• H04L41/0213Arrangements for maintenance or administration or management of packet switching networks involving integration or standardization using standardized network management protocols, e.g. simple network management protocol [SNMP] or common management interface protocol [CMIP]

Abstract

The invention relates to a system, device and method for handling a configuration request. The system comprises a plurality of auto-configuration servers and an auto-configuration server management device communicatively coupled to the plurality of auto-configuration servers. The auto-configuration server management device is arranged for communication over the network with a manageable electronic device, and is arranged for receiving the configuration request from the manageable electronic device. One or more auto-configuration servers that can handle the configuration request are identified based on the identification of the manageable electronic device. The load of the one or more identified auto-configuration servers is analyzed, and based on the load analysis, an auto-configuration server is selected as destination address for the configuration request. The invention improves the configuration of customer premises devices.

Description

    Field of the invention
  • The present invention relates to a system and a method for handling a configuration request. The invention further relates to a device for managing selection of an auto-configuration server. The invention further relates to a system in a local area network for providing a configuration request to be handled by a system for handling a configuration request or a device for managing the selection of an auto-configuration server. Finally, the invention relates to a computer readable medium for performing, when executed by a processor, a method for handling a configuration request.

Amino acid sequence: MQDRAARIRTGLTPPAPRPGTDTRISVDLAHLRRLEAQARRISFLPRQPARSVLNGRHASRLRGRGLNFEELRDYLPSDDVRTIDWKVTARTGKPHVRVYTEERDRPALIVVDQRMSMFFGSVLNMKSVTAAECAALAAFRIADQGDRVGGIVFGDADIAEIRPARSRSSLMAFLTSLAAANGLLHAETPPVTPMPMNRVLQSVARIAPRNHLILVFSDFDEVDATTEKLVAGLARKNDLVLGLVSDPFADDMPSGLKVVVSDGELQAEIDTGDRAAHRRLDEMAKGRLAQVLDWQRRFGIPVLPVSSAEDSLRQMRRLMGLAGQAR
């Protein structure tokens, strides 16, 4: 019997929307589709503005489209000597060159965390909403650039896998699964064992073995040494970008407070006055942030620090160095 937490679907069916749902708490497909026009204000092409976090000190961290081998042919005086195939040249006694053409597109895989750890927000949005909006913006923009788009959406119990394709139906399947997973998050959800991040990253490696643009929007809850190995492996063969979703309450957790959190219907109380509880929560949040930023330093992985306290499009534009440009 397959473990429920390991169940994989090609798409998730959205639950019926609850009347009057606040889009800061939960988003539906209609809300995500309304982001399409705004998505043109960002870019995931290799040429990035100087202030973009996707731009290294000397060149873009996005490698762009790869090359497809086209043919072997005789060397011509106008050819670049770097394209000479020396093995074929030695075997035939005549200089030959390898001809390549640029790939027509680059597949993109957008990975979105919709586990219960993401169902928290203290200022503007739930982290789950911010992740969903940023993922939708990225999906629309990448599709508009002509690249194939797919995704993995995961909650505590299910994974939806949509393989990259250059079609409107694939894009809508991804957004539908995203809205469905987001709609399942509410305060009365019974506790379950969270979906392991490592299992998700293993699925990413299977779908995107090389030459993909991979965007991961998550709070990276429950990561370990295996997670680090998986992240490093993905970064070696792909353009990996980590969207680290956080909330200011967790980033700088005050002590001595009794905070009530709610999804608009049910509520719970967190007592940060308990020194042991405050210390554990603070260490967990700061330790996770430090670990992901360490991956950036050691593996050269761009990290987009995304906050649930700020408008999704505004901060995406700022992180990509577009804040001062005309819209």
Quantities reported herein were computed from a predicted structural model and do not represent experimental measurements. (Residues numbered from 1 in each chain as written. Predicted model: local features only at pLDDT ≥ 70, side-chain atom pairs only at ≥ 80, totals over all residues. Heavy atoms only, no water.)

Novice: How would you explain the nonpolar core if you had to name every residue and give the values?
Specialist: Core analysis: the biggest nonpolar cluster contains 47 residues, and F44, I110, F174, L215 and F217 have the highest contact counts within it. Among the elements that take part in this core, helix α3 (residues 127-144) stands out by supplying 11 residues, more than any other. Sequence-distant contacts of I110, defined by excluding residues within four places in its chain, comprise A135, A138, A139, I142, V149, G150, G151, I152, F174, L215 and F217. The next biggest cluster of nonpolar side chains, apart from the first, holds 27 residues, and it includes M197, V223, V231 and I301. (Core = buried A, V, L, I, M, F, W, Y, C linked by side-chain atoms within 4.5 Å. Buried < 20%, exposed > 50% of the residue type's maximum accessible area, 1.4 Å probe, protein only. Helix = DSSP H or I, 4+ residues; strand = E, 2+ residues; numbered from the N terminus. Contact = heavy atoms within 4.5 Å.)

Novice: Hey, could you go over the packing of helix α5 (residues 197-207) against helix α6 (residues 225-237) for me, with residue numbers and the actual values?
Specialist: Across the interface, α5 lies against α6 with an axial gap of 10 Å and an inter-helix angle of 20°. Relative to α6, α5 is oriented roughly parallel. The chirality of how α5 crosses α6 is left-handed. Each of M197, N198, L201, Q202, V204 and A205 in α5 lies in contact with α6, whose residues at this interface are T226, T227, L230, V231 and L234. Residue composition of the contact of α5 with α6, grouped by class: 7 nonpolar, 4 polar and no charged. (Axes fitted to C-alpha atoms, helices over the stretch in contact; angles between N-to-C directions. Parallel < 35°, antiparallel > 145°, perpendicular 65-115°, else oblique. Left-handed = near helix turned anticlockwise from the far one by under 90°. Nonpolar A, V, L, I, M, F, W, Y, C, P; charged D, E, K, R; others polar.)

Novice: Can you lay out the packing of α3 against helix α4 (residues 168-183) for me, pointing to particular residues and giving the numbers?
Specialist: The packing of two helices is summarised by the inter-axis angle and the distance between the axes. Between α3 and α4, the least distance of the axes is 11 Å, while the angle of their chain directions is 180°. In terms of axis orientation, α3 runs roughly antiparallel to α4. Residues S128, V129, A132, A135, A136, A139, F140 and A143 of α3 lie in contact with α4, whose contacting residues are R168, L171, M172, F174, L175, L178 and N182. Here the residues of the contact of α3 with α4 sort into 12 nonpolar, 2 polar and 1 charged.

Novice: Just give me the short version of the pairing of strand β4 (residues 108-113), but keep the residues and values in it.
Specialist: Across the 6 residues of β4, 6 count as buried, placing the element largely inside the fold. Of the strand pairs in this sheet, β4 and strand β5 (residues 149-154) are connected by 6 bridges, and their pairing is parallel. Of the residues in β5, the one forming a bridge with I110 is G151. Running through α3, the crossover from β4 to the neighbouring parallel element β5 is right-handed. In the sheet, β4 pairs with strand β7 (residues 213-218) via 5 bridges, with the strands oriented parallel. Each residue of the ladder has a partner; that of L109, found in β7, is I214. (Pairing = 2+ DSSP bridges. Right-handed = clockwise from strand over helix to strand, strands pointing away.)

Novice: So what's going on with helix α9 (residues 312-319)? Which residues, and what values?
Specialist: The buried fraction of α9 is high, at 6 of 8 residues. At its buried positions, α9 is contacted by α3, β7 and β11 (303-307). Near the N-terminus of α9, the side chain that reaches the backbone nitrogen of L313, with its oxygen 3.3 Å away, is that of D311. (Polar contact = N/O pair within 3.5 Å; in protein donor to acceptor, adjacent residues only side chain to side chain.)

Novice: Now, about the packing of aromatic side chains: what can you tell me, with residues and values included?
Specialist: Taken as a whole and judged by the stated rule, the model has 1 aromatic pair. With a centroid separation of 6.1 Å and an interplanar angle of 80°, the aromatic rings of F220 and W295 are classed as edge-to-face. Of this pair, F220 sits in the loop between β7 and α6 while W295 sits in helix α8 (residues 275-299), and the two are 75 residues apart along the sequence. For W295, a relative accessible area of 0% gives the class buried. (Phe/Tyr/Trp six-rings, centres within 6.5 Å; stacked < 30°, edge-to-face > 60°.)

• Background of the invention
  • Digital communication is well established by virtue of the Internet protocol (IP) that allows an electronic device to communicate to other electronic devices over a potentially world-wide network. In such a network, the electronic device, often referred to as Customer Premises equipment (CPE), is typically coupled to the wide area network (WAN) (e.g., over a digital subscriber line DSL), either directly or via a local area network (LAN).
  • CPE may be any type of electronic device capable of digital communication. For example, it may be a personal computer, a gateway or router, an electronic appliance such as a set-top box, a television set, an IP based telephone, etc. Many CPE devices allow remote management over the wide area network, which relates to auto-configuration and dynamic service provisioning, software management, status and performance monitoring and diagnostics. The DSL Home-Technical Working Group describes in DSL Forum (Recently, DSL-Forum has been renamed to BroadBand-Forum), TR-069 amendment 1, the CPE WAN management protocol (November 2006), an end-to-end architecture for remote device management. In this architecture, a CPE device in a local network connects to an auto-configuration server (ACS) that is capable of providing service level settings for services available to the CPE.